The lesson of the story is that butterflies count. Worthless bugs can change history. Hindsight is what determines a battle to be victory or massacre. Change the future? We've been doing THAT all our lives. But now the difference is that we are assured that the changes we are wrecking sp? Not that we'll live to see any of it. But we know, and for warriors, the knowledge is enough to sustain us. One thing more: We are men, nothing less, but not gods or super beings.

Should anyone ever dig up this journal and prove intelligent enough to fathom this language, that's the single fact we all want made diamond- clear: We sortied into our past and changed the building blocks all around, but we were men. Even with a purpose as heightened as we decided ours was, we could still die, and McCullough died like a soldier. Sarge handed the journal back to Kopernick.

Sign it, seal it in one of the vacuum cannisters, and maybe a billion years from now something with tentacles and eyes on stalks will dig it up and go bannanas trying to decipher the meaning of the word fuck. Someday, maybe. He'd always wanted to bash together an oildrum nuke, and since no one had chased them, Masterson assumed that puppy had detonated fearsomely, slanrming the door behind them in a blast of hard radiation.

The techs staffing the lab had not died as honorably as McCullough had. They had groveled and pleaded and, in microcosm, demonstrated all the traits Omega Team had come to despise in a world of wimpy politicos, do-nothing administrations, bread- buttering lawyers, mass child killers, greedy governments and the low common denominator of the undisciplined and unprincipled. Since the cancer was too entrenched, Omega Team opted to destroy the corpus and start anew with a fresh body.

Arenas, Frank, and Mendoza began calling themselves the Terrible Trio, once Kopernick told them that the Greek root of the word dinosaur translated directly as "dire saurians," not "terrible lizards. They were armed, sentient men, and Greek was now a language that would never exist. What hey, victory. The story went that the tiniest death, the soundless pulverization of a butteryfly's fragile body in the past, could grow, in the future, to a thunderstroke, a palpable floodtide of sound that touched all, and changed all it touched.

The payoff for death on a massive scale was therefore seductive to Masterson. Although the mission he proposed was a guaranteed one-way op, each member of Omega Team had volunteered. Each volunteer realized that each of their actions, even the tiniest, like Mendoza's smoldering cigarette butt, would yield results too large to be contained by any history book, ever.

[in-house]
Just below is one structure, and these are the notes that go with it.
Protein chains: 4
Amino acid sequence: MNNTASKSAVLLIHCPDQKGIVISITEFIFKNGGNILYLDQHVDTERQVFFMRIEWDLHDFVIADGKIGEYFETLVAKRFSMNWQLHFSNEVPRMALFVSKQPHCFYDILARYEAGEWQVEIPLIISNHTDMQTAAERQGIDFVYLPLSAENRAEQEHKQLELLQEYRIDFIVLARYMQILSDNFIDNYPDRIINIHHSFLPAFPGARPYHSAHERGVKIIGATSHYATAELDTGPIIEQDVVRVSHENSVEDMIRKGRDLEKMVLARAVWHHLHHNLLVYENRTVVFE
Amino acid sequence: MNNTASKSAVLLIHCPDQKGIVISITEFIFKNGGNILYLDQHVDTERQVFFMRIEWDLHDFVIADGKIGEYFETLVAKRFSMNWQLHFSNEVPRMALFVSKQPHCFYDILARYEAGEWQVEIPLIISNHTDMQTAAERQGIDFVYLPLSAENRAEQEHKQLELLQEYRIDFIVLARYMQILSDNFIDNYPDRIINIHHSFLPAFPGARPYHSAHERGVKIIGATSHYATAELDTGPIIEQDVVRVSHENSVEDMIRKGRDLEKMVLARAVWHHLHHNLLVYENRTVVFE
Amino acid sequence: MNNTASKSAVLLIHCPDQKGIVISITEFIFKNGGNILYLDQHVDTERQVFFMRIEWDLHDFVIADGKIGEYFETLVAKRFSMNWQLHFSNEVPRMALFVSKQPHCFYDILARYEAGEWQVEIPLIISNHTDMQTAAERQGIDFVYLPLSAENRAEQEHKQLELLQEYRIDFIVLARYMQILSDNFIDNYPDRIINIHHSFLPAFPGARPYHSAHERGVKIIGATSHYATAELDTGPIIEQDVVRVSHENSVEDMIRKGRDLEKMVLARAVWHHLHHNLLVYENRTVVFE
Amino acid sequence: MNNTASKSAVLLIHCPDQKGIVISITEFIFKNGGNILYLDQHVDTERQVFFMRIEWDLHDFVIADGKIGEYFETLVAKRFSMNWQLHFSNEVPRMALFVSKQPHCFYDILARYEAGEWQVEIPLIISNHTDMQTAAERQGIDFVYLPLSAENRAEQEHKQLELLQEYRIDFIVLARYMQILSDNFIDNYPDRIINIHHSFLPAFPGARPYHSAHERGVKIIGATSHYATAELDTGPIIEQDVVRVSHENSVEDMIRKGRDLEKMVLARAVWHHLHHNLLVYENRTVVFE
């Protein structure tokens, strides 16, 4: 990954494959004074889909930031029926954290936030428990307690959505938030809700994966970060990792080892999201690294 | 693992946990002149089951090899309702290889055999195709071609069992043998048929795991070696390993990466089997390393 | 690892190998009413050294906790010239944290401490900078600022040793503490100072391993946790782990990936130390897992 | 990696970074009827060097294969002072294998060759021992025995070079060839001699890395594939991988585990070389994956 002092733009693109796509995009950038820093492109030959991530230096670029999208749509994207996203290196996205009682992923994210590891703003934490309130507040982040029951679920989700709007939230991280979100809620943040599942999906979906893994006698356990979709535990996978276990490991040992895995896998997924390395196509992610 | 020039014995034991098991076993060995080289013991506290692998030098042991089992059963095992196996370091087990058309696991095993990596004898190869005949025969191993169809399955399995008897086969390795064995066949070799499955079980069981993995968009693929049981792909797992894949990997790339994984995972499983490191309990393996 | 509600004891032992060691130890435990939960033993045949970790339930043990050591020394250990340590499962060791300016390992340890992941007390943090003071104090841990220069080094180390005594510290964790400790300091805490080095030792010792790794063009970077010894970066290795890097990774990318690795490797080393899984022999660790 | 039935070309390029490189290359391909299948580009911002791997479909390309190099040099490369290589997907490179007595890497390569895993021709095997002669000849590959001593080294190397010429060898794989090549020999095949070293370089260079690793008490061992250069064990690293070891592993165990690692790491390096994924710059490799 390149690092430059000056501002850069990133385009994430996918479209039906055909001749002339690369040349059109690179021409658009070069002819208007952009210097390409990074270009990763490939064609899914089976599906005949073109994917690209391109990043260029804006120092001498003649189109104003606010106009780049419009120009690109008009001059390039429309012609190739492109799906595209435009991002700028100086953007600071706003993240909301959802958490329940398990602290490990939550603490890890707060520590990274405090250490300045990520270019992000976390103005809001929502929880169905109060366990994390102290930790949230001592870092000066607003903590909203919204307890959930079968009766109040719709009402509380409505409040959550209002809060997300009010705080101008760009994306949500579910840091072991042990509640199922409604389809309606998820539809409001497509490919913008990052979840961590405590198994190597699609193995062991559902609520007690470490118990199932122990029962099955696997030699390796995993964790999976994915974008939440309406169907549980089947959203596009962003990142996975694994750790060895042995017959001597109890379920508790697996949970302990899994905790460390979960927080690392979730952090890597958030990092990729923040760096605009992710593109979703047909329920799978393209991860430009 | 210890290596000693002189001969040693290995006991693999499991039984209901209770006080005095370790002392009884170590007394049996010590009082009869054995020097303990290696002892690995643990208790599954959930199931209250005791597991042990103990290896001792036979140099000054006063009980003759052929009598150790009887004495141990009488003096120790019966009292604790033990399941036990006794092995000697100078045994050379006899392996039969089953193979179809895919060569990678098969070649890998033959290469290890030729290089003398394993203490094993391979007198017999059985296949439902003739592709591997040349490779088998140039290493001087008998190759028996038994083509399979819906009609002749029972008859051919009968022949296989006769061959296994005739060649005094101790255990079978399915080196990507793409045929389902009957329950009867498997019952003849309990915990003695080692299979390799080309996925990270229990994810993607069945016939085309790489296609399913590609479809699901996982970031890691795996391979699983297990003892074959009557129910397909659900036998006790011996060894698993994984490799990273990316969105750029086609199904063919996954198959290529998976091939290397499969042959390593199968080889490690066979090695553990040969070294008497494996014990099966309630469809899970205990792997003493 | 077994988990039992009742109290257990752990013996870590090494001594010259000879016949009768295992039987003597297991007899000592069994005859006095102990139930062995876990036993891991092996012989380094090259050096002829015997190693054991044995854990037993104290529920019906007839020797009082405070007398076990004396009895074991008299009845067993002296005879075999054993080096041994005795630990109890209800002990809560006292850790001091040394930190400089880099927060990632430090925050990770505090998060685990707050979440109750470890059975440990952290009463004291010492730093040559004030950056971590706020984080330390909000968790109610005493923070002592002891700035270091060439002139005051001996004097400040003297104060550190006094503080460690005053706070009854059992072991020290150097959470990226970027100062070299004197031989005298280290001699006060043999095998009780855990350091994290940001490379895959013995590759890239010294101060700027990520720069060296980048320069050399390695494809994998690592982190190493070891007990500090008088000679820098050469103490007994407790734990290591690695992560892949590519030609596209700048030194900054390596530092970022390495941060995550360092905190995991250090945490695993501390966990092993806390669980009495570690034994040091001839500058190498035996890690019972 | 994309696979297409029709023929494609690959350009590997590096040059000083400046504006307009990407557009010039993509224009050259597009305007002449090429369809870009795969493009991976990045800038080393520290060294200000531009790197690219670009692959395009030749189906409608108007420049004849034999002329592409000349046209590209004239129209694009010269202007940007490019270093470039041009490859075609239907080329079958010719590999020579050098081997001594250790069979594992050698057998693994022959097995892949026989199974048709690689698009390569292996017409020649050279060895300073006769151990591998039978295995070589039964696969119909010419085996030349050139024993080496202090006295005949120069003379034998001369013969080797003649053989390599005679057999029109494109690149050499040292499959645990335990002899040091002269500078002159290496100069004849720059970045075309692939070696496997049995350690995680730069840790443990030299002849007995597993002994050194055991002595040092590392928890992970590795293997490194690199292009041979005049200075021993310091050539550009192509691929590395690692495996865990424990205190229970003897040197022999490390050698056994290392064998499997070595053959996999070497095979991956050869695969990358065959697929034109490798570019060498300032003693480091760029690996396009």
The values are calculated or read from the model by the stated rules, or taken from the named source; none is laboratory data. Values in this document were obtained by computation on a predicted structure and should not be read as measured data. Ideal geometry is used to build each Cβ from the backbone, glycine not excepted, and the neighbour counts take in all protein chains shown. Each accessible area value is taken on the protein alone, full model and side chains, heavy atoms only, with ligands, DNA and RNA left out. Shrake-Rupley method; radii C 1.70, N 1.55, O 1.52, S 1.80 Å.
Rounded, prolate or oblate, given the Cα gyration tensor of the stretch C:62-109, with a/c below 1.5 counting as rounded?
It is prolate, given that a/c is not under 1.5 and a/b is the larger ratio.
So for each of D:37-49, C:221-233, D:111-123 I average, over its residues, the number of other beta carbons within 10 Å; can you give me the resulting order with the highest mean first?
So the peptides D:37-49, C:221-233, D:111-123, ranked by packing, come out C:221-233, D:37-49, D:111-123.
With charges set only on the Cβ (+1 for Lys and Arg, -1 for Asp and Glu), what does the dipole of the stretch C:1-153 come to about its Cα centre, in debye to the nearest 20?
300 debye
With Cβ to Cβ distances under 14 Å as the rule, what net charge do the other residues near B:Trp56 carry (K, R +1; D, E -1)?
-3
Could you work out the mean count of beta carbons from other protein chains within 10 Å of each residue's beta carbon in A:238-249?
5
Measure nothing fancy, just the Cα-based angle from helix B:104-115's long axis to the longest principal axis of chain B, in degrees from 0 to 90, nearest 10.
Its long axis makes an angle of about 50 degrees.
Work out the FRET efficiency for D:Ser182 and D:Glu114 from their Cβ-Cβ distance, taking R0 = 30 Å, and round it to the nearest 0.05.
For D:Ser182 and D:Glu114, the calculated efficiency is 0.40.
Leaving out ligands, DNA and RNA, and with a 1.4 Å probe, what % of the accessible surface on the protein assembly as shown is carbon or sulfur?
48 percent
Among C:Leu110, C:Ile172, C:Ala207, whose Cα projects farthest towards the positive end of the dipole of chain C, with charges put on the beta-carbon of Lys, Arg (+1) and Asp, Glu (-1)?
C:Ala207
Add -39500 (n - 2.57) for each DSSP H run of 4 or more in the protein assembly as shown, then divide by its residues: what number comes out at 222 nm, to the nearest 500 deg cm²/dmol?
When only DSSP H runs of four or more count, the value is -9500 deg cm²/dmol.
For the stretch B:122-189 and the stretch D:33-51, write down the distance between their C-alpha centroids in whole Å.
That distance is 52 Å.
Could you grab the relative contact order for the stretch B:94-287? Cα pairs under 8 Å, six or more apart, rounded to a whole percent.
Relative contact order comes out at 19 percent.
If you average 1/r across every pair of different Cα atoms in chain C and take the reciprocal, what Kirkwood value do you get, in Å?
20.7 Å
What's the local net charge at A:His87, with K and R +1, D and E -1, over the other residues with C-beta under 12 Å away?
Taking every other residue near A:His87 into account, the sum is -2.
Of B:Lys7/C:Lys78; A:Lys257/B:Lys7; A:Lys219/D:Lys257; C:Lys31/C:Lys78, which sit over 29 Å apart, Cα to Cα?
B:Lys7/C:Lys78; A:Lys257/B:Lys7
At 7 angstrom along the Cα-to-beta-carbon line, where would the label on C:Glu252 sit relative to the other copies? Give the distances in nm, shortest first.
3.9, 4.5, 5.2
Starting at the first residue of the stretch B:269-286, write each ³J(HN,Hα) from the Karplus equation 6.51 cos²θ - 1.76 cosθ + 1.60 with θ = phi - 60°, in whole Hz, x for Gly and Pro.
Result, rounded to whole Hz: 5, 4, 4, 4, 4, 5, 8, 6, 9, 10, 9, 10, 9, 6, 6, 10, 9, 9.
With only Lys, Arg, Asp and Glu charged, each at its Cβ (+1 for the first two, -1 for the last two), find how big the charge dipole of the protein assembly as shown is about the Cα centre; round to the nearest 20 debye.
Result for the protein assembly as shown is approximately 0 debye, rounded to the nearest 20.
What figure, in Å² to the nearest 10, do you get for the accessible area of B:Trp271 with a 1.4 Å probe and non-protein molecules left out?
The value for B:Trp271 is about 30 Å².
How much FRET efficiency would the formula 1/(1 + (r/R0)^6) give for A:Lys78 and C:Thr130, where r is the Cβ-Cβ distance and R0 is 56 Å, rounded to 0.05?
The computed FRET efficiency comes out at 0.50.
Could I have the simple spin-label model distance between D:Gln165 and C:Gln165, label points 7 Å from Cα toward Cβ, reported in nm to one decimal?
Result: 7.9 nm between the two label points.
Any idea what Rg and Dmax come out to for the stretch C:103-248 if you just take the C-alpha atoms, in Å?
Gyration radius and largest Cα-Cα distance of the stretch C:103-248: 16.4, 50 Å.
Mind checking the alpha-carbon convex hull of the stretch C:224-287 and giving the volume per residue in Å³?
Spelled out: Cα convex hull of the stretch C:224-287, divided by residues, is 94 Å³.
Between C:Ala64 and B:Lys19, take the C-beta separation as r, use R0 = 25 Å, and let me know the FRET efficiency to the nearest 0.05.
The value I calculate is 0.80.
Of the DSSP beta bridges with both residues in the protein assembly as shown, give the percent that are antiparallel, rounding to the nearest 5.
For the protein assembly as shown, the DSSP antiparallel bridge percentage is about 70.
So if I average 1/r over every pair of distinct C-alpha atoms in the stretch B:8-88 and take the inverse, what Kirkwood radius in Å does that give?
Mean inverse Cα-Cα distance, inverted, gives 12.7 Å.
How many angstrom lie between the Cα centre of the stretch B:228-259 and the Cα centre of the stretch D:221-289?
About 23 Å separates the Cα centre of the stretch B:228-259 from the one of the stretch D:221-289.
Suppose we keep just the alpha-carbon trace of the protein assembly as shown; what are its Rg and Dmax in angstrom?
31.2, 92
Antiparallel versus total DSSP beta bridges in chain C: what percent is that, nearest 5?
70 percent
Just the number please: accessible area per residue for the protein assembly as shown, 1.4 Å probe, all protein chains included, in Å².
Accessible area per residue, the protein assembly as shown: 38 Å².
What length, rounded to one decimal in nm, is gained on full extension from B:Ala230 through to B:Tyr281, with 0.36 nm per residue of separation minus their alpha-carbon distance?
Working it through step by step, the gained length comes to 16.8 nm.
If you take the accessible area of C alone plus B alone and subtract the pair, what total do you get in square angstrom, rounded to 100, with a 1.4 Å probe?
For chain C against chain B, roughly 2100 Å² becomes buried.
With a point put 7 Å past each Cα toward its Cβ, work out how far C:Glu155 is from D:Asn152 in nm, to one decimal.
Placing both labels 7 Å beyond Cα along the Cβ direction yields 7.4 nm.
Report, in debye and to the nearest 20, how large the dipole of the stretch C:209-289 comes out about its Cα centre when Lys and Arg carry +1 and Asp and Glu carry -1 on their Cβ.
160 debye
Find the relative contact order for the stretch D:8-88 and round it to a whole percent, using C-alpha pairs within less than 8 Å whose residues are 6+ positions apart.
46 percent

That power, savored briefly but equally guaranteed, was enough to recruit them. A story of people who never were, a fiction printed on dead trees in cheap black, could change the face of a world they scorned. Stories could be rewritten. Authors die, tastes evolve, and all of a sudden some latter-day Mongol monarch decides recorded history should begin with him and razes entire cultures to ash and legend. Technology has always existed to simplify ancient procedures.

Just look at torture. Franco, crazy fuck, decided he wanted to taste spitted dinosaur meat. Masterson said it would make him sick. Franco told him that it tasted like rattlesnake, only juicier. Then he died, vomiting blood and little foamy hunks of his own guts. Dinosaurs: 2.

With two men gone, some cockiness waned. Fright and hostility took their turns. Kopernick shelled in and rarely spoke to anyone. Boyo's eyes stayed under the spell of McCullough's dead gaze. Satch got pissed and shot a tracer round into his face. Boyo died trying to slap out the fire in his head. Masterson returned the anger by blasting Satch out of his combat boots. The giant roaches dug up the military graves and ate the remains. Arenas and Mendoza, the surviving two thirds of the Terrible Trio, died together when they went searching for Bull, who had gone into the forest to take a dump and never come out.

The Dire Duo took a lot of irritated prehistoric lifeforms along when they checked out. When Kopernick went insane, Masterson disarmed him and confiscated his yet-unburied journal. When he managed to cut his own cartoid, Sarge added a final entry and sealed the book up forever. He did not sign his name. What would be the point? All I'd like to do now is stop, and hope our fight really meant something, and go home.

But of course I am home already. It's impossible to go back because all of time lies ahead. Like time, I can only march forward. Like history, I can only spend my remaining hours waiting for that knife in the back. As he was putting down the cannister along with Kopernick's corpse, something flitted past Masterson's sweating face. It was a huge, glassine insect, much like a butterfly, its cobweb wingwork splotched with idiograms of color. It circled his head and lit on the grimed handle of the folding spade. Masterson laughed, gently now, and let it live. Applications are open to any dinosaur between two and six years of age, and must be stamped by a parent Biological parent only.

No Guardians, except for Orphans or Parricides. If one has questions, one should wait until after the examination results are announced. As with years past, we shall use Le Sacre Du Pritemps for ambience. And may the better dinosaur rip the flesh of the lesser, figuratively speaking of course. One must either watch impartially or be asked to leave!